Collen Kruse Babble-On RecordingThe meat department is a cold place. It’s The Arctic – save for Porketta, and year-round light. Standing in it for 3 hours with a microphone and a notepad recording radio ads makes you wonder if Admiral Peary was way off his nut or if he just, y’know, “had a thing” for frozen foods.

For a few years now we’ve been working with OLSON, a Minneapolis Ad agency, on their Cub Foods radio ads. They deviate from “Man On The Street” audio production with their “Woman In The Aisle” twist. Which, we must admit, is nice. ‘Cause as cold as the meat case gets – it sure beats recording outside during a Minnesota Winter.

Colleen Kruse, our “Woman in The Aisle”, recording at Cub Foods

Many customers are sure they’re on hidden camera and are insecure about how they look (who wouldn’t on a Monday morning grocery run?). So we assure them it’s just an audio recording, it’ll only take a minute, and that everyone is beautiful on the radio.

(Don’t laugh – it works.)

We never cease to be amazed by the equal number of people who’ll barely look at us, and those who seem SO happy to prattle away about their lives and shopping habits. In fact, it’s not that rare that an interviewee will find us again before they leave just to share “a few more thoughts” which we “need to know”.

I will repeat that.

…”Need to know”.

After 2 or 3 hours in store, we usually end up with an hour’s worth of raw audio for a :60 spot. This includes recording the voice-over intro’s and outro’s of our facilitator/moderator/host and master cajoller, Colleen Kruse – a Twin Cities comedian and columnist for The Rake with whom we have the pleasure of working (and laughing) during these recording sessions.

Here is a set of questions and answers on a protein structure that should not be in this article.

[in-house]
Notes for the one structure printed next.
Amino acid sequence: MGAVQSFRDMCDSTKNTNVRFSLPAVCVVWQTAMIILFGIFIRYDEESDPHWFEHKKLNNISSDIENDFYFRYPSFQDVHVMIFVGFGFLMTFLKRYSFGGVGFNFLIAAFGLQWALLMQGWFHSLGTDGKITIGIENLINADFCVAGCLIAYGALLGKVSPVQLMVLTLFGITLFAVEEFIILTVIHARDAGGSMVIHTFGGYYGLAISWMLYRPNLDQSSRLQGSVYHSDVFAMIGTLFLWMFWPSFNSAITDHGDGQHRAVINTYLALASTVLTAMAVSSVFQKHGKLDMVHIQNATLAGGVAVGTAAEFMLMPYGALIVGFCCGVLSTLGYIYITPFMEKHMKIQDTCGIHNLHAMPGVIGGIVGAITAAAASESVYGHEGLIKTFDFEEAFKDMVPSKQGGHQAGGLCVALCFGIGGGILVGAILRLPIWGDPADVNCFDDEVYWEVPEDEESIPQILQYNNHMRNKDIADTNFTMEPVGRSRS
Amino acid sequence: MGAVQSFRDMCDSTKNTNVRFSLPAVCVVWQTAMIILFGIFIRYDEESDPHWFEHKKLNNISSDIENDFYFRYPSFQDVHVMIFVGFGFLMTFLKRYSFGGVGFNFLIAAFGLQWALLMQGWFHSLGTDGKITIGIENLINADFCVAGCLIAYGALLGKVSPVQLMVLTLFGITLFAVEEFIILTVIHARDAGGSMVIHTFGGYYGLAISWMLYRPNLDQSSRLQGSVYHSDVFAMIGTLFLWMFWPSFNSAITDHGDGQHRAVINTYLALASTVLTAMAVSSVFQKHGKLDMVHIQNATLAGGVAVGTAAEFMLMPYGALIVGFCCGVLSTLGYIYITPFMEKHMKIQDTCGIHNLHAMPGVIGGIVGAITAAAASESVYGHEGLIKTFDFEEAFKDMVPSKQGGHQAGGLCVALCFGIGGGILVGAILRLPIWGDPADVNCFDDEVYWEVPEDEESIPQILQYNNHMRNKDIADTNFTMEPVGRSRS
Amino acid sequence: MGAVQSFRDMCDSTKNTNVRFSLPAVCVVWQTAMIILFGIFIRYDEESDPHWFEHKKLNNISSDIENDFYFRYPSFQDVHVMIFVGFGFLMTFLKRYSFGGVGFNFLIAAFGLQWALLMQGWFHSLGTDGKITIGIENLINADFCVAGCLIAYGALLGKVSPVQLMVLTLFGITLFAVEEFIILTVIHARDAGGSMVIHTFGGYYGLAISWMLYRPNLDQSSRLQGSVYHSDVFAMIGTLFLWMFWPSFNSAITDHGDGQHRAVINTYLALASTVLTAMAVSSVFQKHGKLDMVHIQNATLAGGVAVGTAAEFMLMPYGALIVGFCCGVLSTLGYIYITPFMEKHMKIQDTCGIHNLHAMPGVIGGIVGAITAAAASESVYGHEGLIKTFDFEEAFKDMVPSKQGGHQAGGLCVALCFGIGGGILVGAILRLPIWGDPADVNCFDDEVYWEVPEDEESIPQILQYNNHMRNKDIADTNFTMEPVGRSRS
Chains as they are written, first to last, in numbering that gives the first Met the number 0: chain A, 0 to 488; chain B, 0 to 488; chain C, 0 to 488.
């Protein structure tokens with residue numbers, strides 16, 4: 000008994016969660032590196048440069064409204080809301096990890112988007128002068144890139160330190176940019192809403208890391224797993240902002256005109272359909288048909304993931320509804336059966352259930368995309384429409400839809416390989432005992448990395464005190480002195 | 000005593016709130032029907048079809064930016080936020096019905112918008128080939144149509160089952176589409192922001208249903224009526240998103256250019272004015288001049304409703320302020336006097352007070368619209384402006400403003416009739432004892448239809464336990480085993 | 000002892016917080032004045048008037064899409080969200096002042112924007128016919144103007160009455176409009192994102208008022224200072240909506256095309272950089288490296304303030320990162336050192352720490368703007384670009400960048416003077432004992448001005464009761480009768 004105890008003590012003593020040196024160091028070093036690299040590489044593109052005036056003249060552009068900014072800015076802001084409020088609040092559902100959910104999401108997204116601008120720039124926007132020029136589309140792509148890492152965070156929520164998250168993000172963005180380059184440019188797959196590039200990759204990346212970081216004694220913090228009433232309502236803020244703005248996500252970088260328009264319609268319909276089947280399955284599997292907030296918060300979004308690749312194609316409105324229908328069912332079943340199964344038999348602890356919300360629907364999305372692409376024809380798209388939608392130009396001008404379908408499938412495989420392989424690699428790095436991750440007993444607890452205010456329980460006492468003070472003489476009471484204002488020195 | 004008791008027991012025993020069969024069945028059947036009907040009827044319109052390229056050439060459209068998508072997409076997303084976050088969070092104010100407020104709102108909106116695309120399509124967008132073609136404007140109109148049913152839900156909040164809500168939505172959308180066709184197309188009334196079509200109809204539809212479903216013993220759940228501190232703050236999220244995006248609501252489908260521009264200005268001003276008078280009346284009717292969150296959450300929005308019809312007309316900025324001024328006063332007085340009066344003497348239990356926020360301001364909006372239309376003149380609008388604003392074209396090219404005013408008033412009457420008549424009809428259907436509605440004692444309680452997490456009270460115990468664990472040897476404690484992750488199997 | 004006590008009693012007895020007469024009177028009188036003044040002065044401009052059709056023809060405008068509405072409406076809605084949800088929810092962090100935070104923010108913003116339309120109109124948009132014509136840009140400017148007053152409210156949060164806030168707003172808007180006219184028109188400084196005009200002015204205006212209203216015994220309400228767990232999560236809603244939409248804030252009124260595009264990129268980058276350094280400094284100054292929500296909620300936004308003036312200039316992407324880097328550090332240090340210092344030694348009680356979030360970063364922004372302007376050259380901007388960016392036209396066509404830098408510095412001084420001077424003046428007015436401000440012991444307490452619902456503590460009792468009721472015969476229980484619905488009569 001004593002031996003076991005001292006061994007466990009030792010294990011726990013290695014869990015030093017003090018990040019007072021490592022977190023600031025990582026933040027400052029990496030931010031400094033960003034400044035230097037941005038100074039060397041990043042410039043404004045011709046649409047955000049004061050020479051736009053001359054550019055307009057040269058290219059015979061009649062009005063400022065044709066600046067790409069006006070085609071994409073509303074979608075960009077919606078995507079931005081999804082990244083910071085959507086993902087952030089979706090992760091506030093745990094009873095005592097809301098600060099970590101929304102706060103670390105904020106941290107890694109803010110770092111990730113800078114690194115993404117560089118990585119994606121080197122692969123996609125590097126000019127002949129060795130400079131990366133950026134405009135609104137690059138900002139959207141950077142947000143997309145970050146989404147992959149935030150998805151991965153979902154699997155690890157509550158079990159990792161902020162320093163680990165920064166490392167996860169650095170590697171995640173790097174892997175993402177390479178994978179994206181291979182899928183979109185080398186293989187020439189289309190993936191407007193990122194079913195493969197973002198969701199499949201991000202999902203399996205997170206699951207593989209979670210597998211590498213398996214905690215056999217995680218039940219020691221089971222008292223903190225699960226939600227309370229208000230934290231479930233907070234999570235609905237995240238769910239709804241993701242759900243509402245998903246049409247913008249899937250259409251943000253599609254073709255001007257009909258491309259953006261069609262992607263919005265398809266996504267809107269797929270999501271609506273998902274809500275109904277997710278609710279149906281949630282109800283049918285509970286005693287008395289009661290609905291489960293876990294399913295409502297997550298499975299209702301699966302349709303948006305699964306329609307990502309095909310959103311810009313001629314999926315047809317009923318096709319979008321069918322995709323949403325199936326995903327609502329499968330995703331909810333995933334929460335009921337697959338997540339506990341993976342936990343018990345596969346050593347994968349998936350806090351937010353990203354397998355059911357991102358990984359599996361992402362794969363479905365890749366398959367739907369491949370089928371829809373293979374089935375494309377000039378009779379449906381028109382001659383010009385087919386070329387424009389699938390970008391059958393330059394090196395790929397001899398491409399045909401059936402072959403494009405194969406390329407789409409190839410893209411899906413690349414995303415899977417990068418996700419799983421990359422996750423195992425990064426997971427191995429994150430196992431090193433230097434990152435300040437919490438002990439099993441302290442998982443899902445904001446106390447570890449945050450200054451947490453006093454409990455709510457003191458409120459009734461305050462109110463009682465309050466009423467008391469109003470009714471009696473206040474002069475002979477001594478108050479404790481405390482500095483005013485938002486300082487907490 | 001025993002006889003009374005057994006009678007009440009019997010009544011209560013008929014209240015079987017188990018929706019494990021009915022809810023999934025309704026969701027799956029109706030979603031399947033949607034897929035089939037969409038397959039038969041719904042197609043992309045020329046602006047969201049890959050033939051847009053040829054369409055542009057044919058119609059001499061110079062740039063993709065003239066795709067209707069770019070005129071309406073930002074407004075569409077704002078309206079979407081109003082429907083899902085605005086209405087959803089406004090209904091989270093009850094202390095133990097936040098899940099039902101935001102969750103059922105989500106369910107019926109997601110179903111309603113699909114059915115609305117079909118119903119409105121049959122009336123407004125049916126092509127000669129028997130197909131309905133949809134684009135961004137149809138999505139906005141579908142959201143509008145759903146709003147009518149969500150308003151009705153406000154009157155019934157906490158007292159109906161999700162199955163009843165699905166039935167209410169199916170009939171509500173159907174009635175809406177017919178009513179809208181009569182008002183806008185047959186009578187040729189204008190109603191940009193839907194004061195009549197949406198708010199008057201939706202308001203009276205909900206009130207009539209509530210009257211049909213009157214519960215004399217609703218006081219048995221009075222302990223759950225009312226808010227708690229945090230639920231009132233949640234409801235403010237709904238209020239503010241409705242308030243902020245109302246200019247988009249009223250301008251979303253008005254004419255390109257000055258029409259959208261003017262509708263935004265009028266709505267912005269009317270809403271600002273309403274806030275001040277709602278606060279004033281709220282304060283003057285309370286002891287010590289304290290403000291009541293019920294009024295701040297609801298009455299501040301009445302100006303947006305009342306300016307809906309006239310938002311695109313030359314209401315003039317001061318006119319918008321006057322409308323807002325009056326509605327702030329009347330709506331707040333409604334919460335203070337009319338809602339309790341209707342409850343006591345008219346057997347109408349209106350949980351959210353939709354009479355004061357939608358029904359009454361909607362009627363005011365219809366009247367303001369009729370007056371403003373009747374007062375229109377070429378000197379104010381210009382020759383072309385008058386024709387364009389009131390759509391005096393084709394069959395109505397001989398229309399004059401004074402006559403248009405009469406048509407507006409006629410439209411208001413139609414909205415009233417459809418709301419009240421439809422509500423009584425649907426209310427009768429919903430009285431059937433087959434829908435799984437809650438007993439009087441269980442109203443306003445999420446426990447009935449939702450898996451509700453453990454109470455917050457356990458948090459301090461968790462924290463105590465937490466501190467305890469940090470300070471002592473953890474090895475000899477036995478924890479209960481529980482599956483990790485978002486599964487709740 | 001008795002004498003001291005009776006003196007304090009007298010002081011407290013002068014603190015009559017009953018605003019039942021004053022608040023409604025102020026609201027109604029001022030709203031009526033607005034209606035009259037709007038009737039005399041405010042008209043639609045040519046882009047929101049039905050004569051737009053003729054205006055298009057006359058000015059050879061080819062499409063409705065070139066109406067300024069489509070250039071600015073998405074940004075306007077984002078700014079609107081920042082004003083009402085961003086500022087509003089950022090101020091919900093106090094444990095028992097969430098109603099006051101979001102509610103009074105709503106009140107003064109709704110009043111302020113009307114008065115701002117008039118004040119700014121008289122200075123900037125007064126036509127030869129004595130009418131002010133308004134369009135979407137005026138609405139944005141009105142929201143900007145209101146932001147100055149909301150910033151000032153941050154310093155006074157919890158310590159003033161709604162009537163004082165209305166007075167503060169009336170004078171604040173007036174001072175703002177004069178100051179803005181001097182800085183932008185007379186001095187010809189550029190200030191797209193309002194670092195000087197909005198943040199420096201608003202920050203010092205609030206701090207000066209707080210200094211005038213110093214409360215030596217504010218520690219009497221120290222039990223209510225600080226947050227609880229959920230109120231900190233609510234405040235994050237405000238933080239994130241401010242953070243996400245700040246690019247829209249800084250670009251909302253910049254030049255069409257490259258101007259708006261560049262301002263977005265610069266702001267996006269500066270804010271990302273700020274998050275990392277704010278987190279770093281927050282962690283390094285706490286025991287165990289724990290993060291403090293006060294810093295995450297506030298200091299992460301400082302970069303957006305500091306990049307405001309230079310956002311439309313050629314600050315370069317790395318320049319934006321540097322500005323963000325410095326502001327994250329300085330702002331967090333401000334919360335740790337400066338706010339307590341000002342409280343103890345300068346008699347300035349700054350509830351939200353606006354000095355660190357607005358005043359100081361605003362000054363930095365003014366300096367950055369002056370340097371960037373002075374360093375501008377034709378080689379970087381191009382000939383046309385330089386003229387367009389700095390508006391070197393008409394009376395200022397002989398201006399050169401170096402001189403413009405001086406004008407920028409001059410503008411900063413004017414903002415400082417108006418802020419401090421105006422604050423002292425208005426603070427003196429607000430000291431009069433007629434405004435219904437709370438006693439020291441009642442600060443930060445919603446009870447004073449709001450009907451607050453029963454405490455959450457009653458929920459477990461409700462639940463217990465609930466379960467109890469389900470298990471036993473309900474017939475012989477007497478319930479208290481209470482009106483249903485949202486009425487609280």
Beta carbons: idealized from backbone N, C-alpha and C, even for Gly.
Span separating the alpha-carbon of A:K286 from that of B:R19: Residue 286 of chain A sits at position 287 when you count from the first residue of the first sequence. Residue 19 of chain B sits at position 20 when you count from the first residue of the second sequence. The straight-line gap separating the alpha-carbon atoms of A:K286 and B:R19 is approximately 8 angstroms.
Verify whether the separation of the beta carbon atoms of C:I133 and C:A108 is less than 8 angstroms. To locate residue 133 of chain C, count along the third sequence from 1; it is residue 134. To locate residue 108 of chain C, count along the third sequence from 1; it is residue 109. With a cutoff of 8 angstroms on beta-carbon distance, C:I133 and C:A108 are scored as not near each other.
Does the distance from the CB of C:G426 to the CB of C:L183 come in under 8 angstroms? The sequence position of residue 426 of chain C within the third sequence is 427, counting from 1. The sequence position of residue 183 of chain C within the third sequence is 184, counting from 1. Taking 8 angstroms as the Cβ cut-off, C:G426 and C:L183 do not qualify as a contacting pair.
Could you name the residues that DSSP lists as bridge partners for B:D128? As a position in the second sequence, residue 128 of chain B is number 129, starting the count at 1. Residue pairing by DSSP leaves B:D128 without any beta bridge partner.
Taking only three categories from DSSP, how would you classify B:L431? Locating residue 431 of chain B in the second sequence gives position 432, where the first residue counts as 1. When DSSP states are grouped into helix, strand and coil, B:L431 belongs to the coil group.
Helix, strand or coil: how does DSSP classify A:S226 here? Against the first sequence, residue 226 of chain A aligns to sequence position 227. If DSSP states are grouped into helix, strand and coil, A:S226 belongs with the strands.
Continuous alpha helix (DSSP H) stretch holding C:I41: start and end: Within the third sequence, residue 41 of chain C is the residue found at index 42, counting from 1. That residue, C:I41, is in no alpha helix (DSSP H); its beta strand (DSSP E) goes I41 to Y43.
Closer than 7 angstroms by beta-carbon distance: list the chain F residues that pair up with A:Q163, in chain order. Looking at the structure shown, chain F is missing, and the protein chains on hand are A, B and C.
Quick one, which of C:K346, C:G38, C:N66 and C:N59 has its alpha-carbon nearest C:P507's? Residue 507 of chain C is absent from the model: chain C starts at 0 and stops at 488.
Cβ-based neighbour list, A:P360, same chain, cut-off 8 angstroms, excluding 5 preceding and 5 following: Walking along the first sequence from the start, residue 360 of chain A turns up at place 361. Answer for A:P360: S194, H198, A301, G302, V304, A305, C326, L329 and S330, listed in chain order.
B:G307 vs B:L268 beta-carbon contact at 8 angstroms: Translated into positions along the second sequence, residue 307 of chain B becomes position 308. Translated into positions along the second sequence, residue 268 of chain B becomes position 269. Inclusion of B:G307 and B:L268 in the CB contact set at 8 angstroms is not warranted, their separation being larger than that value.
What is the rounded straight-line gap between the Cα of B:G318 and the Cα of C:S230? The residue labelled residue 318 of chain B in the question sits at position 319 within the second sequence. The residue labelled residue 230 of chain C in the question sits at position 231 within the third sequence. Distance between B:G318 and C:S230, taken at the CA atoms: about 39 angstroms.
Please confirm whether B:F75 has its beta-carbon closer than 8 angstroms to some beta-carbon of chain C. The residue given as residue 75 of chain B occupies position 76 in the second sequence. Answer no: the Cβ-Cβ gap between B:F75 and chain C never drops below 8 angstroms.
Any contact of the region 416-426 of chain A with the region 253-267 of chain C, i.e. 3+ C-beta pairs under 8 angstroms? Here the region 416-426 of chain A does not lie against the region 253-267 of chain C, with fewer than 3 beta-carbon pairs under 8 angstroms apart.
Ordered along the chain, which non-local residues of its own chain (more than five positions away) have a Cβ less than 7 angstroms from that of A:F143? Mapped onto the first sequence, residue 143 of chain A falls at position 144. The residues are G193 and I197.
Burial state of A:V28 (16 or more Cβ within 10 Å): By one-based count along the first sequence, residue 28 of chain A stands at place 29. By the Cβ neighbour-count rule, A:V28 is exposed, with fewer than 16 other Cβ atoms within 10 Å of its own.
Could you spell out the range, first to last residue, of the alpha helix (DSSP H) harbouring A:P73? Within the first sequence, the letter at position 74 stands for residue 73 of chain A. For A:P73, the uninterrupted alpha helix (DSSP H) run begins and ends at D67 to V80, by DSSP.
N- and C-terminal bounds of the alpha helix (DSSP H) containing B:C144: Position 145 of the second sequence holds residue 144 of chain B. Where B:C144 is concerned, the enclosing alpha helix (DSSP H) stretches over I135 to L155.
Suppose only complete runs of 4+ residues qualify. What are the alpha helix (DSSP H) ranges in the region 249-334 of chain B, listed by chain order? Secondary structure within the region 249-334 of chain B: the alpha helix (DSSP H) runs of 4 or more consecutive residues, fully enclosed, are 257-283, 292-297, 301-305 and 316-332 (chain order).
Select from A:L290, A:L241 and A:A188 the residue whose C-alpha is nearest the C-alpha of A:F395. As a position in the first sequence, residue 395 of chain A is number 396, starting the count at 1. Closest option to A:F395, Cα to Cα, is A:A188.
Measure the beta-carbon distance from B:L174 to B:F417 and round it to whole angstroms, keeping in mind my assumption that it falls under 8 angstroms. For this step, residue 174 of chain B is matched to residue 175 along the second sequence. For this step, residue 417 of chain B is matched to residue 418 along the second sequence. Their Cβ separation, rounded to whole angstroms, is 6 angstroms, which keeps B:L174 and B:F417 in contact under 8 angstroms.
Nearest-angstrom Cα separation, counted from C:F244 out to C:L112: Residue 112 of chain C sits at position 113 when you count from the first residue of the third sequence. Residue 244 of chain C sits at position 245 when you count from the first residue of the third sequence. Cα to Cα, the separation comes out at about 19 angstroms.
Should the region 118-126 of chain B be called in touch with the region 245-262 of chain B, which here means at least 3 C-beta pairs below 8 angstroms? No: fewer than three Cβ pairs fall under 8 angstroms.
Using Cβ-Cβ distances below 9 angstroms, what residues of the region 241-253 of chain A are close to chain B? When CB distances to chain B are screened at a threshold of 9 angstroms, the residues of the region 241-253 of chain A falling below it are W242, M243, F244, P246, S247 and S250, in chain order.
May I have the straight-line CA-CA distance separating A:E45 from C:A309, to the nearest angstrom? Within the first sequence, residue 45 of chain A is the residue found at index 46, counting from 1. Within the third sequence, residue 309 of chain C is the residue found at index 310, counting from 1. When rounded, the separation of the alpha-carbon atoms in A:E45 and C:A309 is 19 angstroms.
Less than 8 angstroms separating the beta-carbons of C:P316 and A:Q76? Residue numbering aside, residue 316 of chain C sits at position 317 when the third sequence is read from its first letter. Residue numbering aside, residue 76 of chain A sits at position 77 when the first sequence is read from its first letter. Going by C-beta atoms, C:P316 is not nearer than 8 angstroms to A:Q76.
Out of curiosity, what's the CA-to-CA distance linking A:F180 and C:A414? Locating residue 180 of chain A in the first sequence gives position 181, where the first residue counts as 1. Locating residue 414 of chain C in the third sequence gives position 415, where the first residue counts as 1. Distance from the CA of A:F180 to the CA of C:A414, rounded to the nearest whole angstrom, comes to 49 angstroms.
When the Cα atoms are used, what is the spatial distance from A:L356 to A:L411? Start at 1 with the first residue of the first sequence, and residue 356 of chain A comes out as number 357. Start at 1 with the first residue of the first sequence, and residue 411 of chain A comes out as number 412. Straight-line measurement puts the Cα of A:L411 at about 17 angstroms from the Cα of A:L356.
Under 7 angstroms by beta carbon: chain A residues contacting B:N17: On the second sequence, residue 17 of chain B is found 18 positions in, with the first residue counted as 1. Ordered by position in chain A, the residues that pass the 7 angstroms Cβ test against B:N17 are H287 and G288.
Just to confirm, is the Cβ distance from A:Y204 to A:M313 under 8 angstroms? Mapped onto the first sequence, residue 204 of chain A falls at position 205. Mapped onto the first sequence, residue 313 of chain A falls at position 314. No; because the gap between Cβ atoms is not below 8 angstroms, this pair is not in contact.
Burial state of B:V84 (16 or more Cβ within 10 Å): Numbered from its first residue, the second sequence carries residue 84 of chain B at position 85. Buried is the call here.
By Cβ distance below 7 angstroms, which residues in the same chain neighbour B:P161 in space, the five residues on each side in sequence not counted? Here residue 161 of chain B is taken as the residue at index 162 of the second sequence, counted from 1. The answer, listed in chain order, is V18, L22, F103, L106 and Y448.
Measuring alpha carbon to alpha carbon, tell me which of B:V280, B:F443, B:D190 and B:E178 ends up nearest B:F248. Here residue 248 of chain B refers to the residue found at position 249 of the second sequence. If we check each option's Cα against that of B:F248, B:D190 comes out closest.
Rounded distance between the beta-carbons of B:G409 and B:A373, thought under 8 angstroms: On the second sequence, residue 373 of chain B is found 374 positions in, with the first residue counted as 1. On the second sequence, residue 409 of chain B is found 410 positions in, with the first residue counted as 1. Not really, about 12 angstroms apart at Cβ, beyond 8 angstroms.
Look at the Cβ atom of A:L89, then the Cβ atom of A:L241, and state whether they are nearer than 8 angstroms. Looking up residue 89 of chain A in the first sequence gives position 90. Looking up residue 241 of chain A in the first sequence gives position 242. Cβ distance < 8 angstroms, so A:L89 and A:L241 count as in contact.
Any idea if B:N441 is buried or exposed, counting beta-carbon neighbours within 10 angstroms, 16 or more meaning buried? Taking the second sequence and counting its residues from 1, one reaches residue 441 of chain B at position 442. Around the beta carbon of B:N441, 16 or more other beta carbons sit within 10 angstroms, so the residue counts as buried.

Lately the crew has been account exec Eric Schafer, our own Greg Geitzenauer, Colleen Kruse and the occasional OLSON copywriter – Derek Bitter, Scott Dahl or Tom Randall. Eric mans the release signature clipboard and doles out the $5 gift cards to anyone willing to open their hearts, minds, mouths and shopping carts to us. Once we’re done recording, we burn a CD of the session right there at the store from our compact flash recorder. It goes back to OLSON to be burrowed through for select comments good enough to make the final mix.

The next day Greg pulls those clips together for a quick once-over/beauty contest to see which ones should make the radio spot. From there, it’s crafting the audio post production jigsaw puzzle into a radio ad that A) makes the product sound good and affordable, B) shows that Cub is the place to shop, and C) hopefully has a smile or two in it.

Here’s a recent Cub Foods radio spot for California Red Seedless Grapes

Of course, some of the fun never makes into the final mix. These are just two gems from over the years.